When I first heard of flash fiction I assumed it was something to do with dirty old men startling unsuspecting ladies in dark alleys – possibly by uttering quotes from Lolita or Fifty Shades of Grey. When I discovered it was nothing of the sort my interest quickly waned, but as someone who is always interested in new things (I think there’s a word for that, probably beginning with neo) I made a mental note to find out about it one day.
Well, this is that day! At very great expense and after lengthy negotiations with her agent lasting into the early hours (my client has to receive an invitation written in gold on a pink background; must be provided with a newly created font to work with commissioned from David Hockney etc etc) I can now provide my readers with a special guide to flash fiction written by Chloe Banks of the excellent Made by the Potter blog (http://madebythepotter.blogspot.co.uk/)
FLASH FICTION – CHLOE BANKS
Although there’s no precise definition of flash fiction, it’s generally accepted to be short stories under 1000 words in length. These can be very short indeed – sometimes only a few words or a couple of hundred characters.
There’s already a lot of information out there on how to write flash fiction, so I won’t try to pretend I’m an expert by doing the same. Instead, here is a quick set-up guide to get you started in the world of flashing.
Eight Things to Know
- Clichés are welcome. Writers are usually told to avoid clichés, and they need to be used with caution even here. But when every word must count, the use of clichés, stereotypes and common cultural references can help paint a picture without wasting any of them.
- The market is growing. Short stories are notoriously hard to sell to publishers, but this is the digital age. With the rise of e-readers and tablet computers, people are (supposedly) downloading more short fiction to read on the daily commute. In a busy world, brevity is king.
- The pay rate is awesome. If you can persuade somebody to pay you, that is. You’re unlikely to make your fortune, but if you can find a paying market, or win a competition, the money-to-time ratio is pretty impressive. If writing a winning 154-character story for Txtlit only takes you 20 minutes from first idea to polished final edit, you could win the equivalent of £150 per hour!
- It’s perfect for twisted minds. Twist in the tail stories get harder to pull-off, the longer they are. Flash fiction is perfect for devious twists and sudden reveals, without being dissatisfying or resorting to deception. This works even better when coupled with clichés or stereotypes which can be shattered in the final few words.
- It can be a cruel world… By far the most common outlets for flash fiction are dedicated fiction websites. These are often open for comments. Don’t submit work to them if you’re not prepared to have another writer or reader publicly criticise your characterisation/plotting/use of the Oxford comma.
- …But it’s a lot of fun. It’s hard to imagine a writer tearing their hair out over a failed piece of flash fiction. Playwrights and novelists might be prone to depression and dark moods, flash writers don’t have the time!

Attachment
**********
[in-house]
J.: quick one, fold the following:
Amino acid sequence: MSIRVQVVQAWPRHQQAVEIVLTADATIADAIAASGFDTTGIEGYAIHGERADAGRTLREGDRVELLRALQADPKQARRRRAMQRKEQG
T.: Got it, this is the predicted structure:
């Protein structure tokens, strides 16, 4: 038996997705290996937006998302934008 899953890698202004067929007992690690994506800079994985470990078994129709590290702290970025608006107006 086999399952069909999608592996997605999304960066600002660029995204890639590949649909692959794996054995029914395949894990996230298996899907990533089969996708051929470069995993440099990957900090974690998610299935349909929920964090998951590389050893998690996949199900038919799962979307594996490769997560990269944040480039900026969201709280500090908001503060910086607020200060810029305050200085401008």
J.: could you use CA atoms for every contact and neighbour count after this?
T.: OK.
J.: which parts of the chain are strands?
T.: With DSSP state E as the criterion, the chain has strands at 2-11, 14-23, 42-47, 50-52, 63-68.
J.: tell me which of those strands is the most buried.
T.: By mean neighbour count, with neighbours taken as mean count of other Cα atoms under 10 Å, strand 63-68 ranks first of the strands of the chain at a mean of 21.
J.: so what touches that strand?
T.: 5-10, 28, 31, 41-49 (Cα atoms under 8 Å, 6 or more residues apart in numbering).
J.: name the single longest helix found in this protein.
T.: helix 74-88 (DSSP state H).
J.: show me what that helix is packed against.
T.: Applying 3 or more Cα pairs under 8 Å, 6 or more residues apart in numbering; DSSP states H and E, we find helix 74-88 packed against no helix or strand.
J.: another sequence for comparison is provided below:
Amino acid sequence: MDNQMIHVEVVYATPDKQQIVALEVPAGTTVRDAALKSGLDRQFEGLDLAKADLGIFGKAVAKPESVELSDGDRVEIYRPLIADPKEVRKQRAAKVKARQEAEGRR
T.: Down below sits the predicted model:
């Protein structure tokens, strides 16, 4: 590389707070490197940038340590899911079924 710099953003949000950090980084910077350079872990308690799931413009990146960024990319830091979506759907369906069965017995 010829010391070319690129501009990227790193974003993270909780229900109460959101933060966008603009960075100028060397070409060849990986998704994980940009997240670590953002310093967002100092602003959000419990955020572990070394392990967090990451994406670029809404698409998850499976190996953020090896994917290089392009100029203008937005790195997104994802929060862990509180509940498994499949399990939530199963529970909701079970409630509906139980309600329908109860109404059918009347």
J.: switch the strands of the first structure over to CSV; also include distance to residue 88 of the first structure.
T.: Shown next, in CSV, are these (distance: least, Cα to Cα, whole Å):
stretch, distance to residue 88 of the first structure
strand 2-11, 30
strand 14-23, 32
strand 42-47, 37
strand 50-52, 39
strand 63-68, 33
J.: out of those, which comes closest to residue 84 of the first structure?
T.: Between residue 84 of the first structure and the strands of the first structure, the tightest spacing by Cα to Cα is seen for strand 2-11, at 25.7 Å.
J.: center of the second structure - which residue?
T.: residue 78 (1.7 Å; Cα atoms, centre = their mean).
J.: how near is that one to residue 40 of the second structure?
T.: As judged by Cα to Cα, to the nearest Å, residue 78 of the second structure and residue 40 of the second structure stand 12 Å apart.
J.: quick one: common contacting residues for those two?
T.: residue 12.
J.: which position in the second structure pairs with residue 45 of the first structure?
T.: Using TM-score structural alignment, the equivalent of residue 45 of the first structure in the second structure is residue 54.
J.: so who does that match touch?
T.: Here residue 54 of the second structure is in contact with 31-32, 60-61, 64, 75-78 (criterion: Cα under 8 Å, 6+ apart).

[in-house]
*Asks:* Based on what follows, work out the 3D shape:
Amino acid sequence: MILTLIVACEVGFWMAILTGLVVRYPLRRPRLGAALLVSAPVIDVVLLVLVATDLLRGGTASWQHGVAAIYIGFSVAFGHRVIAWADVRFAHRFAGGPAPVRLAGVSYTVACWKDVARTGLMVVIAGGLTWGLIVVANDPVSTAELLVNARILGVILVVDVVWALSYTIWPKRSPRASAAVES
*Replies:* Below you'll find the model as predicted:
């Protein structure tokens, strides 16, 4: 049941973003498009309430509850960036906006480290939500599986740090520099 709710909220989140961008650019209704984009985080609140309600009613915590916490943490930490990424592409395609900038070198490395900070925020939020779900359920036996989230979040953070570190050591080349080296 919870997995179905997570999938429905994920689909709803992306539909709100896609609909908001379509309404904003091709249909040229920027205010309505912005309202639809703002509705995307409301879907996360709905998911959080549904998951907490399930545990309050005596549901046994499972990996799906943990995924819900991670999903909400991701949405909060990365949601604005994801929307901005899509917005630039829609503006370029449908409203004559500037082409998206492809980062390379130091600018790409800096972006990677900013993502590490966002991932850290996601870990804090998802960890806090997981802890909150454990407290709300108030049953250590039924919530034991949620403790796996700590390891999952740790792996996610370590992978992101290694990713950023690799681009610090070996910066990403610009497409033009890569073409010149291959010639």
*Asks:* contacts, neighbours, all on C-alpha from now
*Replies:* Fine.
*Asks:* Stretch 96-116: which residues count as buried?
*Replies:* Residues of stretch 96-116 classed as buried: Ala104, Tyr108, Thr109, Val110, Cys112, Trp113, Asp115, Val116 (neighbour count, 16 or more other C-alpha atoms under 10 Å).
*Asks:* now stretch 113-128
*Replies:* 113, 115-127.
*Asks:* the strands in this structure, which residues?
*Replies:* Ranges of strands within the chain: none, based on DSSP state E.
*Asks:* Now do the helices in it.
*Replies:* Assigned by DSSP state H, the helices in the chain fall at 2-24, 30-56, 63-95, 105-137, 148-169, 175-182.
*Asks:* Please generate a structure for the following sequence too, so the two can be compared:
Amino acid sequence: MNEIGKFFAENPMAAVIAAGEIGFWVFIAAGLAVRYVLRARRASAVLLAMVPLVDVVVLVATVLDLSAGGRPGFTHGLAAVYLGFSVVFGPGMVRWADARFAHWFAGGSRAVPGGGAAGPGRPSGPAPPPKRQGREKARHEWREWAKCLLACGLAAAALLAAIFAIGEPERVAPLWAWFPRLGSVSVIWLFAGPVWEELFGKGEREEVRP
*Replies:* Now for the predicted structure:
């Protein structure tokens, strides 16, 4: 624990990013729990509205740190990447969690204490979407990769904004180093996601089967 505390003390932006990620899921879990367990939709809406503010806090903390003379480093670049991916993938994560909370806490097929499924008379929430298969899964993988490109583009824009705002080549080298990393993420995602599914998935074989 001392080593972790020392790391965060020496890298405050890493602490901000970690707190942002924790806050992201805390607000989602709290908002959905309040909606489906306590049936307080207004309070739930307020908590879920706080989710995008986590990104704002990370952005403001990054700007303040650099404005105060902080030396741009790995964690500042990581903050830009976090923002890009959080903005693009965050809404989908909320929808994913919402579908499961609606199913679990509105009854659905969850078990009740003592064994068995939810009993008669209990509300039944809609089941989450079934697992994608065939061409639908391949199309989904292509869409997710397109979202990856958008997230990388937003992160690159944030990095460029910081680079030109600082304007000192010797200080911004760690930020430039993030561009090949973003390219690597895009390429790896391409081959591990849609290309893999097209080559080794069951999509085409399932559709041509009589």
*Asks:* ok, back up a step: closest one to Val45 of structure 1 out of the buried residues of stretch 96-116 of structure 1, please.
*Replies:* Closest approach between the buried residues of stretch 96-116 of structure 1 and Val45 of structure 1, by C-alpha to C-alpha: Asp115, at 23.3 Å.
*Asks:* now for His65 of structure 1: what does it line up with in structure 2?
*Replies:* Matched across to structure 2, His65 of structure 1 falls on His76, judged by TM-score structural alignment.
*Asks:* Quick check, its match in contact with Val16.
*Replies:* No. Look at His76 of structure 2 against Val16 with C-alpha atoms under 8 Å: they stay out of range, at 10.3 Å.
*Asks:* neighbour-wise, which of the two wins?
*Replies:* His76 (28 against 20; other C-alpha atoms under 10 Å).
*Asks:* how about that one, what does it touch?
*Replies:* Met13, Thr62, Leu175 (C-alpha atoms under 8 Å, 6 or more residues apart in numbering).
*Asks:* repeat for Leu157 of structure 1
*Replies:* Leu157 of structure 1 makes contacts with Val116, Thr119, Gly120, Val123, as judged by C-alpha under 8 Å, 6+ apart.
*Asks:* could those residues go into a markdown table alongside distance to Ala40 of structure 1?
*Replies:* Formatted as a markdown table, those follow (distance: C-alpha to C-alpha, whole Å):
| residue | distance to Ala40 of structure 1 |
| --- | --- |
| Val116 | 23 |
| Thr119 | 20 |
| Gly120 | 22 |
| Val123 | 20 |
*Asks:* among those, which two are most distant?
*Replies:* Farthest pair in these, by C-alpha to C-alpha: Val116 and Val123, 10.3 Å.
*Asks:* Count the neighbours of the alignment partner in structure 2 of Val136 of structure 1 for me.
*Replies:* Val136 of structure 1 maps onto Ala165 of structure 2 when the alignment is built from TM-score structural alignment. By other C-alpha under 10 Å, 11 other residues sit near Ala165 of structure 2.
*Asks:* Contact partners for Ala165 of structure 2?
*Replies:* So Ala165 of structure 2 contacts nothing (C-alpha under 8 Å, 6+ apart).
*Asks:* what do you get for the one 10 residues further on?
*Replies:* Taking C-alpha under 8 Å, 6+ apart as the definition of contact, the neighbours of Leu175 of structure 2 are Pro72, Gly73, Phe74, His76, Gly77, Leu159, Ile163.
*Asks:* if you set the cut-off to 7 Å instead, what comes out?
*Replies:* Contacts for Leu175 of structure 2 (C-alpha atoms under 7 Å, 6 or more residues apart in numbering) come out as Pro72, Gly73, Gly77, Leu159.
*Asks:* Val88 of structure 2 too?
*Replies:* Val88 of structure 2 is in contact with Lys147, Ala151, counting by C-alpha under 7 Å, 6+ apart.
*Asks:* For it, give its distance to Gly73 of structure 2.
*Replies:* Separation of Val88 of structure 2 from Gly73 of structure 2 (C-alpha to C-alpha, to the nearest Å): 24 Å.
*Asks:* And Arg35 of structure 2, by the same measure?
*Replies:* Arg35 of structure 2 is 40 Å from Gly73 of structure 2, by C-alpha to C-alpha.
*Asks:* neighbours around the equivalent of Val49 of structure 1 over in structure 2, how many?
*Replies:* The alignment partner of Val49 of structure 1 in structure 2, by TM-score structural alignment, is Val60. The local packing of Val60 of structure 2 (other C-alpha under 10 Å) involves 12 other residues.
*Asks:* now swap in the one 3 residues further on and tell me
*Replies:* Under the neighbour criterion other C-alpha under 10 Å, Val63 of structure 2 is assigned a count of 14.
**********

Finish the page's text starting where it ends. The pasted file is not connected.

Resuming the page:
- Failure is easier to take. It’s hard to feel devastated when nobody wants to publish something that only took you an hour to write. And if you get to the end of writing something and realise it’s embarrassingly awful, you haven’t wasted the last year of your life – just the last day. You’ll be over it by tea time. (Of course some stories at the top end of the word count scale might take considerably longer. Feel free to feel dejected about them.)
- It’s a great place to start. Partly because it’s actually quite hard to get right. Every writer needs to learn to be economical with their words, and flash fiction is the perfect way to build that skill. There’s no room for purple prose. You can get it wrong over and over (and over) again more times in a year than you could with writing a novel, and the more you get wrong, the more you learn. Plus, because writing a dazzling piece of flash is so hard, people will be bowled over by your genius* when you tell them a moving and inspirational story in the time it takes them to drink their coffee.
*Possibly. Results not guaranteed.
Four Places to Start
Two Microscopic Stories to read
- “I said I’d love you until death, didn’t I?” He leant in closer to her, his fingers stroking her neck. “The thing is, I’m not sure if I love you anymore.” His grip tightened. “And I always keep my promises.”
- [This one from Dan Purdue, taken from his anthology Somewhere to Start From] Albert loosened his black silk tie. He removed his shoes and cufflinks. He stood by the window, watching bumblebees. The grandfather clock chopped out long, sluggish chunks of time.
He turned around. Mary’s armchair wasn’t just empty; it was a hole in the world where a person belonged. Her gardening magazine wilted over one arm. Knitting yarns peeked from a basket beside her slippers.
Albert felt a plunging sadness and went into the kitchen. As the kettle whistled, he broke down. Next to the teapot stood a tragedy in miniature; placed there by uncounted years of routine: two teacups, side-by-side, waiting.
One Extreme Competition to Enter
- Think you’ve got what it takes to write the shortest story of all? In honour of Ernest Hemingway, Fleeting magazine are running a competition to write a story in six words. Up for grabs is a stay at the New York hotel where Hemingway’s own six-word story was written.
So now I know – and I for one can’t wait to have a go!